I should probably begin this review with a friendly disclaimer since, prior to publication, I was asked to write a blurb for A Small Earnest Question, by J. F. Riordan. Now, with that out of the way, allow me to introduce you to a fine read. (Oh, it feels like your summer is about to get better!)
My initial attraction to this well crafted story was the setting, Washington Island, a remote bit of land in the Great Lakes. This beautiful little gem is isolated enough from the mainland that, to survive, locals have to forage strong, albeit sometimes unusual relationships. But without tourists and part-time “vacation home” residents to pour in and feed the economy, the local populace suffers. With this conundrum as the backdrop, an intriguing story begins to unfold.
The Islanders prove to be a fascinating lot. Elisabeth has renovated an old hotel to perfection. Word travels quickly on the mainland and though she’d prefer a proper grand opening, she is already welcoming guests. It’s also a shame she can’t find a way to say no to her partner Roger and his request to tend the bar. (Lacking the interpersonal skills required for successful bartending, the man does have a propensity for wild ideas … goat yoga anyone?) Oliver Robert, assistant to the Town Councilman and a lonely man in search of friends, joins a different bartender, Eddie, to form what becomes a surprisingly successful men’s book club. (They are eventually forced underground and you’ll want to know why.) And what island would be complete without its very own busy body? Enter Emily Martin, who clearly seems the happiest when her nose is in someone else’s business. Starved for attention, and status, she conjures up a literary festival and invites a guest speaker from the mainland who turns out to be a real character in his own right.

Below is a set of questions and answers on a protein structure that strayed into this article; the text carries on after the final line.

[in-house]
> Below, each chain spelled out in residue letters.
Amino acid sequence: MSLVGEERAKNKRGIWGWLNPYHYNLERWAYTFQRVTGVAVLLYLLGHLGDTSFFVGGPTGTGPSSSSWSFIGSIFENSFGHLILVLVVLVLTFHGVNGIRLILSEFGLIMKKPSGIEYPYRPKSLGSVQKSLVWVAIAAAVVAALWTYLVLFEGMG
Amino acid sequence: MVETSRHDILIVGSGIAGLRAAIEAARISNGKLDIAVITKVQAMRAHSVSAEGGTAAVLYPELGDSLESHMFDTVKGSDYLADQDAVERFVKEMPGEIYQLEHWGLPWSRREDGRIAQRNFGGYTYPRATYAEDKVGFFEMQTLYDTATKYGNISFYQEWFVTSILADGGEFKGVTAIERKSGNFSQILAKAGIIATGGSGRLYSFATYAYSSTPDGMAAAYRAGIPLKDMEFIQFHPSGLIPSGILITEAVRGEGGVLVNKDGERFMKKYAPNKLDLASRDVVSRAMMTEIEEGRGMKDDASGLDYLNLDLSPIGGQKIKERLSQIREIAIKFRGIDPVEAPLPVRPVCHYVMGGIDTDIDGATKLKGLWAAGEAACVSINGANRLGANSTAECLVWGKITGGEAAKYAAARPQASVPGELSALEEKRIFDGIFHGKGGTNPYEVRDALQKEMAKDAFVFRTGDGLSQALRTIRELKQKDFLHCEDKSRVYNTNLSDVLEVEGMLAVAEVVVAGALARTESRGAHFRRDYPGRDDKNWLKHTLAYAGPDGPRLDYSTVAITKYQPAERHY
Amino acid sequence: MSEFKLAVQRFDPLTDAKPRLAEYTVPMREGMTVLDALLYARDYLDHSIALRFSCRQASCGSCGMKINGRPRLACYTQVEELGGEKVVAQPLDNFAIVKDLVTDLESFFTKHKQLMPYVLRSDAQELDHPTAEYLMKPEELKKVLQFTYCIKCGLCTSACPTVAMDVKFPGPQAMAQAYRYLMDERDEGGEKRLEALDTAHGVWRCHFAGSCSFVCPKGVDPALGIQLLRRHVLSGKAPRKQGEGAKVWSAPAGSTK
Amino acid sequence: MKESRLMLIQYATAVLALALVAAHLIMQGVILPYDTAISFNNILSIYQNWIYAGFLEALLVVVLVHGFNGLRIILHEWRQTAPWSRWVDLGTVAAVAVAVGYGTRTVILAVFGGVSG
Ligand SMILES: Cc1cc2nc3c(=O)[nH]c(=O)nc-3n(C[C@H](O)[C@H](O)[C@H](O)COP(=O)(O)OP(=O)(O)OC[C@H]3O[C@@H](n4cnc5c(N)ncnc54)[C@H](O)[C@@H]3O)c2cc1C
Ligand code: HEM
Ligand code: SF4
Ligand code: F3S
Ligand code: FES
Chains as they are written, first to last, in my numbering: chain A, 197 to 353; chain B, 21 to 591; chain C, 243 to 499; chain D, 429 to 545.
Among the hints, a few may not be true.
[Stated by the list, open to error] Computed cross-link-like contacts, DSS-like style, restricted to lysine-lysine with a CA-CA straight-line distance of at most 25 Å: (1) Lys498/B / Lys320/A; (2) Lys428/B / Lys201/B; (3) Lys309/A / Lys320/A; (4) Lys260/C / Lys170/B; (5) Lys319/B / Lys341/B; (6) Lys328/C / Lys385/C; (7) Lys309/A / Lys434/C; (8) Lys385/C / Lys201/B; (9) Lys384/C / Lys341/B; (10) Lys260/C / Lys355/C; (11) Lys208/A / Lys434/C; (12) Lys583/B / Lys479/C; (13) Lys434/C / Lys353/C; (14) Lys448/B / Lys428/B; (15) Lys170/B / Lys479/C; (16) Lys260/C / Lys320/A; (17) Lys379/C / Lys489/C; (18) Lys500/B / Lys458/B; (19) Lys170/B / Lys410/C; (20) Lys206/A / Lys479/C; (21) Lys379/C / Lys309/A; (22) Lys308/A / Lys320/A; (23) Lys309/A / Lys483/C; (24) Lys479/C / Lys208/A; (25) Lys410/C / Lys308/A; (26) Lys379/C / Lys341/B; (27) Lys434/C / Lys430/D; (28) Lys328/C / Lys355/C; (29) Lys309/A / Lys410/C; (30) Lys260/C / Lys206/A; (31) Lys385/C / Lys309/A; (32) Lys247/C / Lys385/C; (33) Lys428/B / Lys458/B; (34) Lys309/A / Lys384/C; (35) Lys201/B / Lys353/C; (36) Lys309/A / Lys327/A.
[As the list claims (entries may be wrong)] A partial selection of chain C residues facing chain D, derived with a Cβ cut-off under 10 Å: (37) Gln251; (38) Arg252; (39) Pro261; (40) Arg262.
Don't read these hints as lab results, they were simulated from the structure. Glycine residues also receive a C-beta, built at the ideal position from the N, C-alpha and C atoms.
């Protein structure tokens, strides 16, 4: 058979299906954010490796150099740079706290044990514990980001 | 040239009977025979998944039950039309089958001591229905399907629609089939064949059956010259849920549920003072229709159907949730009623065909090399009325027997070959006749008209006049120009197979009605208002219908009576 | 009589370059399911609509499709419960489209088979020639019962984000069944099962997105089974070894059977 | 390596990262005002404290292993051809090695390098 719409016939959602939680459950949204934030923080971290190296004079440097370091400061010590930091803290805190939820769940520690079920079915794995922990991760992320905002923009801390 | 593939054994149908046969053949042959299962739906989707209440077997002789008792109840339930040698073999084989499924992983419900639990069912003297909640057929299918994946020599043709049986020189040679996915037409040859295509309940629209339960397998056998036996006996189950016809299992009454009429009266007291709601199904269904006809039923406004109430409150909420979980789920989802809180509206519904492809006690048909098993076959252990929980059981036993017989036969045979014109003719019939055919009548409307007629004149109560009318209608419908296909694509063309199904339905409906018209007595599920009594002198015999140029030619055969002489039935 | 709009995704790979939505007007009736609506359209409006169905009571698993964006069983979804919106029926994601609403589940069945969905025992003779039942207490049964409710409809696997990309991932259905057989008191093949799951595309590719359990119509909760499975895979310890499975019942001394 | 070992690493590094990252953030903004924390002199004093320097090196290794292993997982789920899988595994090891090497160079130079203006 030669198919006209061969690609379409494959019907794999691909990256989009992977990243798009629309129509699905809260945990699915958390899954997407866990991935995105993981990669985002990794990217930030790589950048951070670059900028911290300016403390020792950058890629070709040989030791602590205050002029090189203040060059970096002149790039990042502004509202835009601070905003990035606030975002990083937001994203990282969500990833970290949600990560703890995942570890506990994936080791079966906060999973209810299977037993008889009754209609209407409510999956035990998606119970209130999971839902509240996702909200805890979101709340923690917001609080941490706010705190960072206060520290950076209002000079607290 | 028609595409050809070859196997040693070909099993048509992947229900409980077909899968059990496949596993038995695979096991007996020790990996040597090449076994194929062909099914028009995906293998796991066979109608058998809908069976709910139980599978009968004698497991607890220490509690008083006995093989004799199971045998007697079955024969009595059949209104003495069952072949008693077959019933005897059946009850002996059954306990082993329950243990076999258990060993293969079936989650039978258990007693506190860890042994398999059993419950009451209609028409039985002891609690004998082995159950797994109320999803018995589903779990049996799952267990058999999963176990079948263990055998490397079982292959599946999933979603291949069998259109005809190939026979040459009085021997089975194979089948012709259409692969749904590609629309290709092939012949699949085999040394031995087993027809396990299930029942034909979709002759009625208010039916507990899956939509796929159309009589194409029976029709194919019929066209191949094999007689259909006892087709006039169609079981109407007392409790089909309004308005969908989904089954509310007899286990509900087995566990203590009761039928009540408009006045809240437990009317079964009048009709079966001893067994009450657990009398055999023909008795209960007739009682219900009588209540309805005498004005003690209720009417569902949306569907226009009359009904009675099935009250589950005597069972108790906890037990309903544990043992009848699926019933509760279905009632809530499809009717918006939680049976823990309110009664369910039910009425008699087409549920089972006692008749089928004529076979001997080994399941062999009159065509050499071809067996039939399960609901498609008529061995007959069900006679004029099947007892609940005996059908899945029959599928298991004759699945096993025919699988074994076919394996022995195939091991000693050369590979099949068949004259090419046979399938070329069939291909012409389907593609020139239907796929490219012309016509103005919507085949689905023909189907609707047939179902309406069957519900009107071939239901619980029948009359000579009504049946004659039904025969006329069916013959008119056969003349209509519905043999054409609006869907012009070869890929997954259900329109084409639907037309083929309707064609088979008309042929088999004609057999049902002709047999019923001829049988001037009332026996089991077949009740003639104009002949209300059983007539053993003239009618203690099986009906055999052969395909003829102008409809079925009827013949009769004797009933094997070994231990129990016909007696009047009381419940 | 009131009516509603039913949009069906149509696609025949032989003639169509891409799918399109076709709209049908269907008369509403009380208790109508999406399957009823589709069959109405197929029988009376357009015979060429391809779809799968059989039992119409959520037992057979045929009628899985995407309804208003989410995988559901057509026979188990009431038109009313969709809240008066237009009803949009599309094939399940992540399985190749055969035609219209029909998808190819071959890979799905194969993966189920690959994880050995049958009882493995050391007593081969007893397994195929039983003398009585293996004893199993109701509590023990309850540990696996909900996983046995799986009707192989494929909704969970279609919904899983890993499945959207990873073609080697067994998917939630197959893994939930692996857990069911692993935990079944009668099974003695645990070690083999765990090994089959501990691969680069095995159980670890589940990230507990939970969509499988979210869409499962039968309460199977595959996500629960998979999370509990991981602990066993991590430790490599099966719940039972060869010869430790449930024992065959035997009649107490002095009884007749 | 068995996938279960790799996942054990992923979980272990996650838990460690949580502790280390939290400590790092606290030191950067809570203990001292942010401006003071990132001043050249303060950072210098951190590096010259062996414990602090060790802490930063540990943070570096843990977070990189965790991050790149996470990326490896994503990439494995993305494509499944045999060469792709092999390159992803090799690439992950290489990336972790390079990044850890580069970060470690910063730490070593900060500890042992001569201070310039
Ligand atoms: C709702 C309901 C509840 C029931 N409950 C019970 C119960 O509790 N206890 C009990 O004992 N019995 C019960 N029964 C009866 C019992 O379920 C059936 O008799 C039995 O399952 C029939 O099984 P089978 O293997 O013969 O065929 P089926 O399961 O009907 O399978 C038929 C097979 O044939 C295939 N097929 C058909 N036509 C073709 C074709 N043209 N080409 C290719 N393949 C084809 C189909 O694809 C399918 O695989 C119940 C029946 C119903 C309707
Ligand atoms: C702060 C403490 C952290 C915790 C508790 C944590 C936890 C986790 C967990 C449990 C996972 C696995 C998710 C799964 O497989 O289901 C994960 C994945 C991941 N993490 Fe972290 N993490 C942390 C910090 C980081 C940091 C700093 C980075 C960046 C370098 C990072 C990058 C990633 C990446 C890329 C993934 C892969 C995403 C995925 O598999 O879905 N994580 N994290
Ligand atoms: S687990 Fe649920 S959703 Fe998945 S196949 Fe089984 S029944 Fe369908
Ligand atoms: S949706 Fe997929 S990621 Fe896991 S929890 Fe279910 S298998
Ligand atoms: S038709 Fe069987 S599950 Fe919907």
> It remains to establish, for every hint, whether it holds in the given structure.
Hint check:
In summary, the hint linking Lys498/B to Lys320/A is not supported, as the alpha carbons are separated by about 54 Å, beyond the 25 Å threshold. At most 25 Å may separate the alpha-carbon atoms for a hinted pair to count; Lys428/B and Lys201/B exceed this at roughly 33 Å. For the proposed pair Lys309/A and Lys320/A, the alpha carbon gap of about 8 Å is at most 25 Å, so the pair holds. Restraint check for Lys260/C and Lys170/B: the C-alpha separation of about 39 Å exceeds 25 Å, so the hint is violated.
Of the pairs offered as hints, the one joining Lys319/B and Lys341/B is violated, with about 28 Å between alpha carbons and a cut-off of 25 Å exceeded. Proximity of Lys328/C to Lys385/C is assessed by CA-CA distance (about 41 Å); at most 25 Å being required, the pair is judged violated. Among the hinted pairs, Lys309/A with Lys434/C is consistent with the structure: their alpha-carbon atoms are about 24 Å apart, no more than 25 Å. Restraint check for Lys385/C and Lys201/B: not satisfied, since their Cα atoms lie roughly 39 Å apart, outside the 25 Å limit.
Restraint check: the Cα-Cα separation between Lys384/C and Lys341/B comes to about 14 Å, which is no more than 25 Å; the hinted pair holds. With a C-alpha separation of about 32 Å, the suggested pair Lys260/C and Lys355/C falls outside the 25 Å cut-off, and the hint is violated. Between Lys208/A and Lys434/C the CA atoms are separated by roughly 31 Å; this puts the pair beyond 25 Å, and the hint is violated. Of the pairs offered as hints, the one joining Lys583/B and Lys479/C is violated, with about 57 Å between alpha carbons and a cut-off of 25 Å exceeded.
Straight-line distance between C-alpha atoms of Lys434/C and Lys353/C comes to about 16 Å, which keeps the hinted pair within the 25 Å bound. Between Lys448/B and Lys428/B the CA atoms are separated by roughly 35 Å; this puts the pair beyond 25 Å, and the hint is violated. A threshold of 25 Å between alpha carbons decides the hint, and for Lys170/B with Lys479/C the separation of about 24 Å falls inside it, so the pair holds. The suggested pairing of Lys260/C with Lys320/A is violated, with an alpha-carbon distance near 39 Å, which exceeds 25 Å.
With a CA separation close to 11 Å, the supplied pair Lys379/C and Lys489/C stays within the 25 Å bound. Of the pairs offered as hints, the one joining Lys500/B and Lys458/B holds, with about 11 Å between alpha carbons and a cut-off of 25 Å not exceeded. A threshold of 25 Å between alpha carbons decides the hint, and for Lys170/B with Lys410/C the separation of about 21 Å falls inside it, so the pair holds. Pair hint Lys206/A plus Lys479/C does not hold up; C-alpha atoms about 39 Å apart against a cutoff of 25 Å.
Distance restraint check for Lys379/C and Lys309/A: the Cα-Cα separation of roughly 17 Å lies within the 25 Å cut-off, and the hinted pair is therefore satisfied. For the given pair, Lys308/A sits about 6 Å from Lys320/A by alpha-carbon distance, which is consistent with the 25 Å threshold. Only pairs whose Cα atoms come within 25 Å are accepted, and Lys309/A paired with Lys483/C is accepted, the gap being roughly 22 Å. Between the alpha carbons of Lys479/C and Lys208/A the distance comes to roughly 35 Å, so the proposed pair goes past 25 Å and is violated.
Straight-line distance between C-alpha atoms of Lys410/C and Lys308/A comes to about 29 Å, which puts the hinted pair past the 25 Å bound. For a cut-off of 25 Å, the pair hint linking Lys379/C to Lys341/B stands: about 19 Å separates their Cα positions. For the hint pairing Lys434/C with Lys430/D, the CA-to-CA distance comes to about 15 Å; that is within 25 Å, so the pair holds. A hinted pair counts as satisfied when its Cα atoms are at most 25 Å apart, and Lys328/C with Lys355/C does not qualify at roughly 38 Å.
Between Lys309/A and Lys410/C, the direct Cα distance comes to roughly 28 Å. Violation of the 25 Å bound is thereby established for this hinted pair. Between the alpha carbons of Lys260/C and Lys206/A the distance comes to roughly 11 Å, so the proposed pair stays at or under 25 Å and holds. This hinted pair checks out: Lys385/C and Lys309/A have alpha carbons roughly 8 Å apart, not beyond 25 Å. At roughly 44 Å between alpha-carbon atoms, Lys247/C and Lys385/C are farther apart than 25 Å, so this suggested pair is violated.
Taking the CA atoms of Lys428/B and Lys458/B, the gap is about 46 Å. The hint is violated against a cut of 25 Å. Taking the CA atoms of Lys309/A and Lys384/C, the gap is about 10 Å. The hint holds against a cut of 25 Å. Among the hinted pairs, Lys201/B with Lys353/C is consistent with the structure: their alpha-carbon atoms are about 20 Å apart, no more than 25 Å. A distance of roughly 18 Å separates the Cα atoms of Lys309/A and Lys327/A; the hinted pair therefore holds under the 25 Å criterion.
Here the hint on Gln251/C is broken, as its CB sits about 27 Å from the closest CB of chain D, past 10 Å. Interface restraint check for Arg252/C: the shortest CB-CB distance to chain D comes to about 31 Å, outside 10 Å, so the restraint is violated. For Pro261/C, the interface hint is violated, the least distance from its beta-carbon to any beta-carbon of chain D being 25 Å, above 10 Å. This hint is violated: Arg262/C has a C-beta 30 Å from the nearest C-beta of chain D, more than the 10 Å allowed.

There are many more curious members of this intriguing and quirky cast of characters. Sub-plots wander through here and there in an interweaving of humanity that works to entertain while challenging the reader’s thinking. How are the suspicious fires to be explained? Who is mysteriously buying up island properties and … why? Is the elected Town Councilman, Fiona Campbell to be believed? There are spiritual encounters, a lone wolf, and a never ending onslaught of yoga groupies camping out illegally in the local coffee shop parking lot.
A Small Earnest Question (Beaufort Books, 2020) is Book Four in the award-winning “North of the Tension Line” series. (I’m looking forward to reading the first three books.) It is an engaging, thoughtful, and downright funny read. But it is also a real testament to the meaning of community and during our current circumstances all across the nation, I found it worthwhile to be reminded about what it takes to bring people together instead of tearing them apart.